Ross G. R. Caldwell wrote:I don't think we can know whether or not we're overinterpreting (or "reading into" (eisegesis)) an image unless we first have an idea of what the overall meaning is, and maybe other details like the author and audience of a work, and then internal things like whether similar imagery is used in different contexts in the same work, perhaps suggesting narrative and symbolism.
In the case of the Sola Busca Nabochodonasor, I haven't got much of an idea for the whole trump series except that it seems to be pro-republic, anti-imperial. So even if we didn't know it was Venice, we'd have a clear idea from the choice of subjects that it originated in a strongly republican setting.
Ross G. R. Caldwell wrote:But why isn't Nebuchadnezzar in such dire straits as Nimrod? What is the political message of this series anyway - is there a real political issue being alluded to here?
marco wrote:Actually, the same sphere that floats on Nabochodonasor is held in Alexander's hand:
An example of "similar imagery used in different contexts in the same work"?
In the case of Sola Busca, having too much concern for the details is a more serious errors than for other decks, that have been more studied and are better understood. It seems clear that, in order to find answers to those questions, a study of the deck as a whole is the most appropriate approach. Currently, I don't have any clear idea on this subject. I doubt I could ever be able to understand the references to XV century politics that could be present in the deck
EnriqueEnriquez wrote:if I have never seen a woman carrying a sword and two scales, and I want to know what does that woman represents, I can’t take apart the image and say: what do scales mean? what do swords mean? what do women mean? Free associating about scales, swords or women may be fun, but it is unlikely to get me anywhere. Instead of that I should ask myself: “Is there any other woman holding a sword and two scales in the history of pictorial representation?” “What does a woman holding a sword and two scales mean?”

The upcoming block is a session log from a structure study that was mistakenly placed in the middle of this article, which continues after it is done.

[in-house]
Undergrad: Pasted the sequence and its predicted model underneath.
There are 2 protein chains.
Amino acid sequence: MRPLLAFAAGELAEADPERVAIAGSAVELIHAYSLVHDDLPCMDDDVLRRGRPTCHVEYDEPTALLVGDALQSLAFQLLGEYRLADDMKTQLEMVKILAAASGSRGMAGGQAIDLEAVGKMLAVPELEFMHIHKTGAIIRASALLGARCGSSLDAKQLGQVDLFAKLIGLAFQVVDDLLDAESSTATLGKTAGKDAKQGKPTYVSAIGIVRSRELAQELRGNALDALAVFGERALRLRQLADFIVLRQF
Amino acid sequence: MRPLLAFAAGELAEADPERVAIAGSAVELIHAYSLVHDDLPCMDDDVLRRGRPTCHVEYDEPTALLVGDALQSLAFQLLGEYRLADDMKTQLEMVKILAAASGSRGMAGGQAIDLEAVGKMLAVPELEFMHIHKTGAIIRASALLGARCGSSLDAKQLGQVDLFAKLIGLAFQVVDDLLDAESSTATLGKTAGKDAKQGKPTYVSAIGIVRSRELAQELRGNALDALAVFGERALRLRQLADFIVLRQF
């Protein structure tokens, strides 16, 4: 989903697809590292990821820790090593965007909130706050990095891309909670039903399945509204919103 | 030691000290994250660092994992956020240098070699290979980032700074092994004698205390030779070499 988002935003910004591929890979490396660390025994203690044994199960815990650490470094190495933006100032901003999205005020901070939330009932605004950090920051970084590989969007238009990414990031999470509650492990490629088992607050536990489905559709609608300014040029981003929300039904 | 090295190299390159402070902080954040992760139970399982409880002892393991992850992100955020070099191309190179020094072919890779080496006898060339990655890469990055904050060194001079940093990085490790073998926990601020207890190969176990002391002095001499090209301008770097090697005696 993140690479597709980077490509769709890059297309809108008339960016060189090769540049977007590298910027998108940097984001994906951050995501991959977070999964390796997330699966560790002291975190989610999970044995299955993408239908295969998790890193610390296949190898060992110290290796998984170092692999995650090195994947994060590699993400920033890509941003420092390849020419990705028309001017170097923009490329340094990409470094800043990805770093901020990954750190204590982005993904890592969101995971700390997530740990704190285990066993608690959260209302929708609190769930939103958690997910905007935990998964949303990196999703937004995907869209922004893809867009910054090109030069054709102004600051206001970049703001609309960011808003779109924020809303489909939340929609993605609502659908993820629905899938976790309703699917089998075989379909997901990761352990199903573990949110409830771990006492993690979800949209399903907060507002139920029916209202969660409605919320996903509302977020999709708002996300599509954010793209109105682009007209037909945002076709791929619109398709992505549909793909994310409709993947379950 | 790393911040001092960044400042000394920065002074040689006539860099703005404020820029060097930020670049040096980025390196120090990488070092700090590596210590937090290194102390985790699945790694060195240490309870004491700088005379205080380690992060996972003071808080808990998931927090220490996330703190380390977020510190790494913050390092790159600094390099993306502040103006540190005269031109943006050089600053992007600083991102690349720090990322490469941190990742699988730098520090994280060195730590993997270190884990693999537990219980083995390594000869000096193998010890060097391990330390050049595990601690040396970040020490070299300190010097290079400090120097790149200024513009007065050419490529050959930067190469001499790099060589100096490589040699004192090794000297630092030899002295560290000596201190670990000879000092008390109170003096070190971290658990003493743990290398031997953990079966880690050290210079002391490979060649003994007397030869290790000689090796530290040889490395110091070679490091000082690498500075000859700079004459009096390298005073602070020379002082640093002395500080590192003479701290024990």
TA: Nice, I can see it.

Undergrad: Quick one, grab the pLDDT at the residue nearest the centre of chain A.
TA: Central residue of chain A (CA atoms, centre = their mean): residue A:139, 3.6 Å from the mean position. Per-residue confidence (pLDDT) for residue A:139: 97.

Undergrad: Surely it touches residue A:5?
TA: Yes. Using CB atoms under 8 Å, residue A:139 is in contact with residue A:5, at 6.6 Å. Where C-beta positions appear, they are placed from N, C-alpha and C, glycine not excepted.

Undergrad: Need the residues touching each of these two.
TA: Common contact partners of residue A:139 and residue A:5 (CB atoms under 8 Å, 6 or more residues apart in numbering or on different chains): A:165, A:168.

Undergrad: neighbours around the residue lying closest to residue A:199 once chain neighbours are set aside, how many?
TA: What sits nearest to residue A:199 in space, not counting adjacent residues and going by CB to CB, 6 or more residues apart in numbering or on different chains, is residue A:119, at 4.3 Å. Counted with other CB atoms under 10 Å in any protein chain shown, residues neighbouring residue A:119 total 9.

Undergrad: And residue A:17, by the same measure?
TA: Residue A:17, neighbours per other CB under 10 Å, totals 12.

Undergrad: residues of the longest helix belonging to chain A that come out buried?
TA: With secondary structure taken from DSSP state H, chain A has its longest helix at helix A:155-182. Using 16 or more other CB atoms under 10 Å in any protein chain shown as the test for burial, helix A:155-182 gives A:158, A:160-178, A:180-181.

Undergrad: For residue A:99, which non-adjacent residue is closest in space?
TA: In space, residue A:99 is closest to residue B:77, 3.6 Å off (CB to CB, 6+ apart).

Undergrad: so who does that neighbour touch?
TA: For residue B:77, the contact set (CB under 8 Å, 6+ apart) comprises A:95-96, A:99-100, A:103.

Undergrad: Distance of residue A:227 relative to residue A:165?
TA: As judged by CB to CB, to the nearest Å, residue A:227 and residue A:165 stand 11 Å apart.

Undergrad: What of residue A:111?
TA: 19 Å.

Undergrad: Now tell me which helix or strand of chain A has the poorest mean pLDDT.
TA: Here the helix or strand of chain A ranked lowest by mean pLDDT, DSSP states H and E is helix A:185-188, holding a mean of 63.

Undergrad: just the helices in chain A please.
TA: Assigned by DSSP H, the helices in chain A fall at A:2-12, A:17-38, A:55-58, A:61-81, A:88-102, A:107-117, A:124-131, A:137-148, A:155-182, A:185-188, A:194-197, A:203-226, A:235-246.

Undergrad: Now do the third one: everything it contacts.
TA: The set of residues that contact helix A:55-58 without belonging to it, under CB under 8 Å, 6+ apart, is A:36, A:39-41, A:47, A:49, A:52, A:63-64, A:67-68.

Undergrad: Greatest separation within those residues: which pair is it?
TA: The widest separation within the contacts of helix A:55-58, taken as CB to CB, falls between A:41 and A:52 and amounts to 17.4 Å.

summary by wikipedia wrote:In his 1939 work Studies in Iconology, (also published in various later redactions) Panofsky details his idea of three levels of art-historical understanding :
Primary or Natural Subject Matter: The most basic level of understanding, this stratum consists of perception of the work’s pure form. Take, for example, a painting of The Last Supper. If we stopped at this first stratum, such a picture could only be perceived as a painting of 13 men seated at a table. This first level is the most basic understanding of a work, devoid of any added cultural knowledge.
Secondary or Conventional subject matter (Iconography): This stratum goes a step further and brings to the equation cultural and iconographic knowledge. For example, a western viewer would understand that the painting of 13 men around a table would represent The Last Supper. Similarly, seeing a representation of a haloed man with a lion could be interpreted as a depiction of St. Jerome.
Intrinsic Meaning or Content (Iconology): This level takes into account personal, technical, and cultural history into the understanding of a work. It looks at art not as an isolated incident, but as the product of a historical environment. Working in this stratum, the art historian can ask questions like “why did the artist choose to represent The Last Supper in this way?” or “Why was St. Jerome such an important saint to the patron of this work?” Essentially, this last stratum is a synthesis; it is the art historian asking "what does it all mean?"
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